Look at Life: Spider Season

20th September 2019

Close Encounters of the Arachnid Kind

By Lisa Botwright

It’s Spider season – the very short window of around a month or so, which starts from the middle of September as it begins to get cooler, when spiders venture inside our homes to terrorise humans… sorry, to seek shelter and to try and find a mate.

I say a ‘short’ window of time, but if you’re one of the approximately 18% of the UK population who suffer from arachnophobia, I realise this will seem like a very long four weeks indeed.

My social media feed is currently full of pictures of The-Biggest-Spiders-You-Have-Ever-Seen, which friends and acquaintances have spotted, with horror, in their homes. And the corresponding level of violence – from animal-loving, cute-kitten-posting pacifists – is shocking. Many are so terrified of their presence that they think it’s okay, vegans included, to squish them mercilessly.

Where’s the compassion, guys?

A fear of spiders is beaten only by an intense dislike of heights as our biggest phobia; it’s also the one with the biggest gender divide – two-thirds of women in this category, compared to one-third of men. “Phobias are no laughing matter for Brits: one in five admit that it regularly holds them back in life and attacks their self-confidence – and for some the effects are so extreme that it governs their movement, leaving certain places off-limits,” says psychologist Lauren Rosenberg. Even the sight of the eight-legged creepy-crawly pictured here, will have sent many readers turning the page over rapidly, with a shudder.

But why are we so afraid of these unassuming arachnids? Spiders are introverts; they have no wish to interact with us and happily aim to keep out of our way. (They must be far more frightened of us than the other way around.) They very rarely bite us; in fact most of them can’t even do so, according to expert Lawrence Bee: “The vast majority of spiders in the UK have fangs which are only designed to kill insects: they aren’t strong enough to puncture human skin, let alone inject harmful venom into us,” he explains reassuringly. Even the false widow spider, cited as ‘Britain’s most venomous spider’ will only give you a nasty nip akin to a wasp sting; attacks on people are rare and there have never been any reported UK deaths.

So, not only are almost all British spiders harmless, they actively protect us against those insects that are; greedily eating up all the mites and mozzies that otherwise plague us. In this way, they’re vital for the ecosystem too.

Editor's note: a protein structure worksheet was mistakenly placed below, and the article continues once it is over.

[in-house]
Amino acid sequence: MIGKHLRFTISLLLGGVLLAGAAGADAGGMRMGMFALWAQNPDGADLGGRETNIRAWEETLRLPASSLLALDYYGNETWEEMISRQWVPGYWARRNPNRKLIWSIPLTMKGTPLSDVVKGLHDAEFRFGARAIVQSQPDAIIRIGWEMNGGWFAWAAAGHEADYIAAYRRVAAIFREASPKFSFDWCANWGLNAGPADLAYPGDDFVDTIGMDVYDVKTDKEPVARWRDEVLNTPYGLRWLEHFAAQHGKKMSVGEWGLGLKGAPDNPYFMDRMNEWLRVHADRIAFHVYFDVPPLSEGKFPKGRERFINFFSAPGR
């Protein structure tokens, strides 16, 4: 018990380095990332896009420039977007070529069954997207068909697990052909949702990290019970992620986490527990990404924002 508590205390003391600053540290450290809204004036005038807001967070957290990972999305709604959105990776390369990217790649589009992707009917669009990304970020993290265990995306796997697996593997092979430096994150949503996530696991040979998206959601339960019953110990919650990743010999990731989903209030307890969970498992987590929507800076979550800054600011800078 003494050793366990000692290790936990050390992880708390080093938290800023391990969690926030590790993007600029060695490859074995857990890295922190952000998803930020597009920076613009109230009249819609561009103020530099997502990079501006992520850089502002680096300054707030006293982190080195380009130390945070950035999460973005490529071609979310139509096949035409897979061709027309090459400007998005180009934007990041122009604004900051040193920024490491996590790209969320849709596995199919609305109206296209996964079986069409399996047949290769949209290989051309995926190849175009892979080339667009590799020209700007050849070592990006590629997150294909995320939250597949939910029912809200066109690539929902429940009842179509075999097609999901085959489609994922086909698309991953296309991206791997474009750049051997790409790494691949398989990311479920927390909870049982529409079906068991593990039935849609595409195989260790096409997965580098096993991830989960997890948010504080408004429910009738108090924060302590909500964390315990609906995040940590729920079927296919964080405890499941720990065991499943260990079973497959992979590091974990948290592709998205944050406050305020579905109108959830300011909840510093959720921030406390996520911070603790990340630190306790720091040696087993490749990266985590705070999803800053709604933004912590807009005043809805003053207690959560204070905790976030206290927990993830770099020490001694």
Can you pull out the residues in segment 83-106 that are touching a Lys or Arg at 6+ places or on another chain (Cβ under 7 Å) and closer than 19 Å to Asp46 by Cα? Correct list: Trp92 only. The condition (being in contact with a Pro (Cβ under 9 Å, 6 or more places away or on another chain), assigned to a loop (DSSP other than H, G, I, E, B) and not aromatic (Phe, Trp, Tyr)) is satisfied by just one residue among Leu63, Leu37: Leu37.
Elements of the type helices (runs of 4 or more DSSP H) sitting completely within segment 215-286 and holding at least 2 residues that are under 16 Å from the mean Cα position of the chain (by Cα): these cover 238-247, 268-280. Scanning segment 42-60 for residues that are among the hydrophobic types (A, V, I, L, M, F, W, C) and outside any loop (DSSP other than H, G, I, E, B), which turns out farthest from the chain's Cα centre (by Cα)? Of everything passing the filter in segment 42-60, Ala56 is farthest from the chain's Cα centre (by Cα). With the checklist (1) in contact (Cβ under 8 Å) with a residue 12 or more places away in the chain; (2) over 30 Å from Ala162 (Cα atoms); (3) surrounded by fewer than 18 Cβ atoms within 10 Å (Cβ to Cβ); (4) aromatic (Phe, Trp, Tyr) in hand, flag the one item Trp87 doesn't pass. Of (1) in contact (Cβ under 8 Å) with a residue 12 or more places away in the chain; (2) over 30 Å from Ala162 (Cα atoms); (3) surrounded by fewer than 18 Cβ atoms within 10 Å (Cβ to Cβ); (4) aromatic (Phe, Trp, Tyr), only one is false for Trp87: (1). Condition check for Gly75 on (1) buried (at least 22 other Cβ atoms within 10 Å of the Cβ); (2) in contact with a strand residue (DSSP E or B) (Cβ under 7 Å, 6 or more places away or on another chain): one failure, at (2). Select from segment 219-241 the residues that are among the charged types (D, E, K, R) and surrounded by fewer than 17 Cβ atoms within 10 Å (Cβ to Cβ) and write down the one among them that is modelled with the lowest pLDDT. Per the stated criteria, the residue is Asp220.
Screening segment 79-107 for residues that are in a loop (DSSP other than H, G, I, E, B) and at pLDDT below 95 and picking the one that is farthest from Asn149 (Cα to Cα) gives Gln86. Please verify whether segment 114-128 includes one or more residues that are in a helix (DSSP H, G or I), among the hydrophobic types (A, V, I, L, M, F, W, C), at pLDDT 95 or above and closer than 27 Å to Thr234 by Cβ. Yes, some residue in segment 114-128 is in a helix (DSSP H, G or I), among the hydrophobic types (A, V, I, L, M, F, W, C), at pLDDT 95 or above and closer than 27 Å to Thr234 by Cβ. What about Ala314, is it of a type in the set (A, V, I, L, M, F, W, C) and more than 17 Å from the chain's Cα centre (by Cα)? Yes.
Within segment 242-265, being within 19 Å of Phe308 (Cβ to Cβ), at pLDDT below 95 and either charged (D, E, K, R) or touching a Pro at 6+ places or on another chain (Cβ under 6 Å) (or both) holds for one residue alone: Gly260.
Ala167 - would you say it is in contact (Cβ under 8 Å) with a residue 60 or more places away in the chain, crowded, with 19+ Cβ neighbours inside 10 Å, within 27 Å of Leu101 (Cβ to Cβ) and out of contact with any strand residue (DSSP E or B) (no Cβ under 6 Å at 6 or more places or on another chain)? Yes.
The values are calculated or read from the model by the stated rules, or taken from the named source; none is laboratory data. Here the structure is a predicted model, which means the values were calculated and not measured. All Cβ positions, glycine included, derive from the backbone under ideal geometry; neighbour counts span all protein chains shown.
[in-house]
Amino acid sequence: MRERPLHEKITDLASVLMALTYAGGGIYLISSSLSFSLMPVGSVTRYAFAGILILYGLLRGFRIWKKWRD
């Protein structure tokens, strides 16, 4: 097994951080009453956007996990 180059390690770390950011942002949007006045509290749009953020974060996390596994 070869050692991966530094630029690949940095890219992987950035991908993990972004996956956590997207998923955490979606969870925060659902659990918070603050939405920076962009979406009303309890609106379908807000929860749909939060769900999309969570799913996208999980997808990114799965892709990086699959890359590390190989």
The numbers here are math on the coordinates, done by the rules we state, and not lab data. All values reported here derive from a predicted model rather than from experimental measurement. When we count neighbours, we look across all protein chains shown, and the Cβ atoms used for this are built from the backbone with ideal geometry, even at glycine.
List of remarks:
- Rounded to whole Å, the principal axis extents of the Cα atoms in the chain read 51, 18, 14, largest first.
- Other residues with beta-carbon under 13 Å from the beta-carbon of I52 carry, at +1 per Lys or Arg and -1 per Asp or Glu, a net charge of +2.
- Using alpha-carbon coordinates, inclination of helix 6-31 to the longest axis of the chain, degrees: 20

“If spiders disappeared, we would face famine,” claims Norman Platnick, who studies arachnids at New York’s American Museum of Natural History. “Spiders are primary controllers of insects. Without them, all of our crops would be consumed by those pests.”

But even if we accept, intellectually, that they’re innocuous, it’s another matter entirely when one scuttles across the floor in front of us, or suddenly appears from under the furniture. I’ve seen the coolest, most capable adults reduced to quivering wrecks over these tiny transients. Is there something innate about our universally shared aversion?

Scientists think so. A 2017 study found that babies, who couldn’t possibly have yet learned that spiders are something to be feared, demonstrated a much greater stress response to seeing pictures of them (and pictures of snakes), compared to pictures of harmless fish and flowers. The researchers concluded that “a fear of spiders is of evolutionary origin… mechanisms in our brains enable us to identify objects as ‘spider’ or ‘snake’ and to react to them very fast.”

Humans are genetically hardwired to be attracted to soft, cuddly, doe-eyed mammals. It’s what makes us want to take care of our young. Spiders are the opposite in every way. Their long spindly legs and mulitple, alien-like eyes seem to drain us of any empathy towards them.

Although oddly, as you’ve probably guessed, I’ve become quite fond of them. I moved into a very old cottage a few years ago and quickly found out that I was living alongside a great deal of eight-legged uninvited guests. There are so many ancient cracks and gaps in the walls that my home is like an arachnid theme park. I made the decision early on that I could either spiral into a constant state of fear and agitation – or, for my own sanity, I could just get used to them.

And I have.

Right now there’s a huge one living in my sitting room, and he (apparently 80 per cent of those we see around the home are male) appears every now and then as if to say ‘hello’. I’m appalled and enthralled by his skittering weirdness in equal measure.

So I’m here to champion the much-abused arachnid and to put forward the idea that spiders are softies – unless you’re a fly, that is…

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